Fish, Fruit, Healthy Fats: What Should Heart Disease Patients Eat?

Is a poor diet sabotaging your recovery from heart disease? It's National Mediterranean Diet Month, a great time to learn more about the heart healthy diet.

7:00 AM

Author | Jane Racey Gleeson

How to follow the Mediterranean Diet and improve heart health.

Your heart procedure was a success, and cardiac rehabilitation is going strong. That, of course, is great news.

MORE FROM MICHIGAN: Sign up for our weekly newsletter

But there's more to do to keep your mind and body healthy in the long run, says Susan Ryskamp, a dietitian at the University of Michigan Frankel Cardiovascular Center.

One key factor: food.

The things you eat, Ryskamp notes, are crucial in the days, months and even years after a cardiac event.

That's because a diet high in processed foods — including cookies, cakes, doughnuts, fried foods, processed meats, refined grains and high-fat dairy products — is tied to depression, which some heart patients in recovery might already be experiencing.

These junk food culprits can also cause inflammation in the body and contribute to poor cardiovascular health and other health issues.

Such foods can raise and lower blood sugar, and that isn't good for the blood vessels or brain, Ryskamp says. "A healthy diet can help reduce depression and keep your heart pumping strong. The brain and body function best when they get the right fuel."

Focus on fresh foods, self-reflection

Simple swaps can help you get started.

SEE ALSO: Prevent Heart Disease with These Simple Menu Tweaks

Ryskamp recommends replacing processed foods with vegetables, fruit and fish. She encourages patients to follow the Mediterranean diet, which focuses on fruits, vegetables, whole grains and nuts — plus fish and good fats such as olive oil.

Beyond the implications on physical health, that menu can offer a much-needed emotional boost. According to one study funded by the Spanish government, foods associated with a Mediterranean diet are linked to a lower risk of depression.

Keeping a diary can help a person stay on track.

Ryskamp advises patients to take note of the foods they consume and their mood afterward. That way, she says, "if you feel tired or unable to concentrate after eating cookies, cakes, pizza or fast foods, you'll notice a difference once you stop this cycle."

Make mindful eating a habit

Another way to stay focused: Ask yourself whether the food going into your body has a purpose.

"Make mindful choices," Ryskamp says. "The better your choices, the better you'll feel emotionally and physically. Your brain and your body will function better."

Setting short- and long-term goals helps in that process.

Says Ryskamp: "What can you do today and then further down the road to accomplish those goals? Now that you've been treated for heart disease, you can continue on the road to improved health."

The Mediterranean eating pattern is taught in the University of Michigan Metabolic Fitness Program, which helps enrollees improve cardiovascular health with lifestyle changes. A physician referral is required. Call 734-998-5679 for more information.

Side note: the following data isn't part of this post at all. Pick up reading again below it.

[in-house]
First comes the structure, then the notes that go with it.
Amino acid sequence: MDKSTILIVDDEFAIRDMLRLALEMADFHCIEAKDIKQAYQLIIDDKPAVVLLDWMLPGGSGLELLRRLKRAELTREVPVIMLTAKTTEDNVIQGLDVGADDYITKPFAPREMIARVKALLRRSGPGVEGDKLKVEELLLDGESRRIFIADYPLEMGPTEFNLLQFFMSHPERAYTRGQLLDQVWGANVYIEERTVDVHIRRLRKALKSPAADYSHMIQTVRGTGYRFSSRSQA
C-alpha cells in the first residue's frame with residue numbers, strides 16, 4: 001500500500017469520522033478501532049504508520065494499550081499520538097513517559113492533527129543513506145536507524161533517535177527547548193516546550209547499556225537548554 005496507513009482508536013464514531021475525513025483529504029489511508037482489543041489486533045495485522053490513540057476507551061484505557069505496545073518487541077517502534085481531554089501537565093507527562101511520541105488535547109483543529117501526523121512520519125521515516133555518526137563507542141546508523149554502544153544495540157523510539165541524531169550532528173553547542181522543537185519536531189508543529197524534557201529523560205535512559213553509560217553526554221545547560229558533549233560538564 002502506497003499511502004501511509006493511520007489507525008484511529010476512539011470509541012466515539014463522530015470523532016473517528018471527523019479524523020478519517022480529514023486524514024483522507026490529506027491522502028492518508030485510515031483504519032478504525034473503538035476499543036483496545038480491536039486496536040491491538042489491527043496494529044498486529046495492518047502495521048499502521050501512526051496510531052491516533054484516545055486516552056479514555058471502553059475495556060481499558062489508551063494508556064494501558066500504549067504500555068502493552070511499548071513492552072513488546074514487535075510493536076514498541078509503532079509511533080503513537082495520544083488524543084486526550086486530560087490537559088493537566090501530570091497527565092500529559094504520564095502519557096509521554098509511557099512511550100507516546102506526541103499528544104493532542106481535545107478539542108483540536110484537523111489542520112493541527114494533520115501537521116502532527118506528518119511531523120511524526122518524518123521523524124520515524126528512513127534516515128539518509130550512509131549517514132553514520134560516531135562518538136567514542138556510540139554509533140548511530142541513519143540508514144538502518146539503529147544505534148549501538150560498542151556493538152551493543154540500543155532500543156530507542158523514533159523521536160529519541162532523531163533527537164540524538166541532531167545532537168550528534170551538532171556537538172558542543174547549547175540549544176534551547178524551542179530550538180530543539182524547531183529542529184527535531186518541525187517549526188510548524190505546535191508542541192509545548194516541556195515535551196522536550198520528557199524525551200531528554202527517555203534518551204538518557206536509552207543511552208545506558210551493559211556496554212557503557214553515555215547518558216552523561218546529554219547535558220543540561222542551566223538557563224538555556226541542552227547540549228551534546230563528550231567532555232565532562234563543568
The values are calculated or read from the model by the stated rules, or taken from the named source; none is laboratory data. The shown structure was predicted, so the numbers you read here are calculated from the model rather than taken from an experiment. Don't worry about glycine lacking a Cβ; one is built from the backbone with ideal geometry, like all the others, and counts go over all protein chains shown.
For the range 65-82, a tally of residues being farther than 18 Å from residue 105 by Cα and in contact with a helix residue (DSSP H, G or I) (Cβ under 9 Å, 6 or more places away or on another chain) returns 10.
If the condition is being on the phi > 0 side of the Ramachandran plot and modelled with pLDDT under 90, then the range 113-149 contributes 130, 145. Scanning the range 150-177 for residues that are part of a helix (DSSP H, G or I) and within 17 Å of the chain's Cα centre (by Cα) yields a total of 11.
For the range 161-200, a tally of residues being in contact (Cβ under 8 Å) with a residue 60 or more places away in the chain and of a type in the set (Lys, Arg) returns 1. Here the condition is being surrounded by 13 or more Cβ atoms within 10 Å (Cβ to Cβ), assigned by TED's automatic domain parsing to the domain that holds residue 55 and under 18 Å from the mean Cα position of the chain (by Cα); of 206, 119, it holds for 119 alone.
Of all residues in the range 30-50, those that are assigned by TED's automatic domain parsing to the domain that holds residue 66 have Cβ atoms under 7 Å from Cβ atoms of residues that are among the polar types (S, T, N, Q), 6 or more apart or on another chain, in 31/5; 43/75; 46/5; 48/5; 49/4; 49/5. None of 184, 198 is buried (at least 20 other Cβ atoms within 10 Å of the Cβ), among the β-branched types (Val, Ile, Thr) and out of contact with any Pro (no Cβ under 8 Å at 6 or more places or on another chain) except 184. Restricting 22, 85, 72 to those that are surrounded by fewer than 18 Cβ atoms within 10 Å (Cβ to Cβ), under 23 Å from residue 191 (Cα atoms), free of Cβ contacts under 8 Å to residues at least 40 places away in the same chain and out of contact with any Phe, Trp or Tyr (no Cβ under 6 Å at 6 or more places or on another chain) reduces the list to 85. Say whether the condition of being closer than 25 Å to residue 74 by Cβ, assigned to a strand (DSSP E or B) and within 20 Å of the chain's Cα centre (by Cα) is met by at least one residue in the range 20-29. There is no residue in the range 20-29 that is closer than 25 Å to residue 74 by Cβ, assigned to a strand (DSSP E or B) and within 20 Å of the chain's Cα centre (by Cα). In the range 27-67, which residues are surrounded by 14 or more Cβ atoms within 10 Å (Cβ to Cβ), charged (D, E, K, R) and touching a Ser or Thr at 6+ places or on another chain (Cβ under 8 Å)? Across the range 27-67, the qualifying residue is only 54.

More Articles About: Heart Health Depression Preventive Cardiology Heart disease Nutrition Mental Health
Health Lab word mark overlaying blue cells
Health Lab

Explore a variety of healthcare news & stories by visiting the Health Lab home page for more articles.

Media Contact Public Relations

Department of Communication at Michigan Medicine

[email protected]

734-764-2220

Stay Informed

Want top health & research news weekly? Sign up for Health Lab’s newsletters today!

Subscribe
Featured News & Stories mushrooms in a microscope
Health Lab
How cannabis and psilocybin might help some of the 50 million Americans experiencing chronic pain
Recent developments represent a dramatic change from long standing federal policy around these substances that has historically criminalized their use and blocked or delayed research efforts into their therapeutic potential.
stethoscope
Health Lab
Too much iron can cause big problems for the immune system
A study builds on previous work that found depriving T cells of iron prevented cells from proliferating. The current study, published in PNAS, found that excess iron is just as problematic.
The Fundamentals Podcast Hero Card Final 1800 x 1350
The Fundamentals
Treating Diabetes & Weight: The Ozempic & Wegovy Effect
Today on The Fundamentals, our guest Dr. Martin Myers, Director of the U-M Elizabeth Weiser Caswell Diabetes Institute, discusses diabetes research in the context of Ozempic, Wegovy, and other drugs that are changing how people think about weight loss. You can learn more about Dr. Myers here, and you can follow the department of molecular and integrative physiology @UMPhysiology on X.
Health Lab
Mother-son heart bond: Woman relives congenital heart journey through newborn
A mother relives congenital heart journey through newborn.
Health Lab
Protecting heart health during pregnancy
Experts discuss pregnancy and heart health.
Moving illustration of family at the dinner table eating healthy diet
Health Lab
Playing short order cook, forcing clean plates may sabotage healthy eating habits in kids
While most parents of preschool and elementary aged children strive to give their children a balanced, nutritional diet, some of their strategies to promote healthy eating may backfire.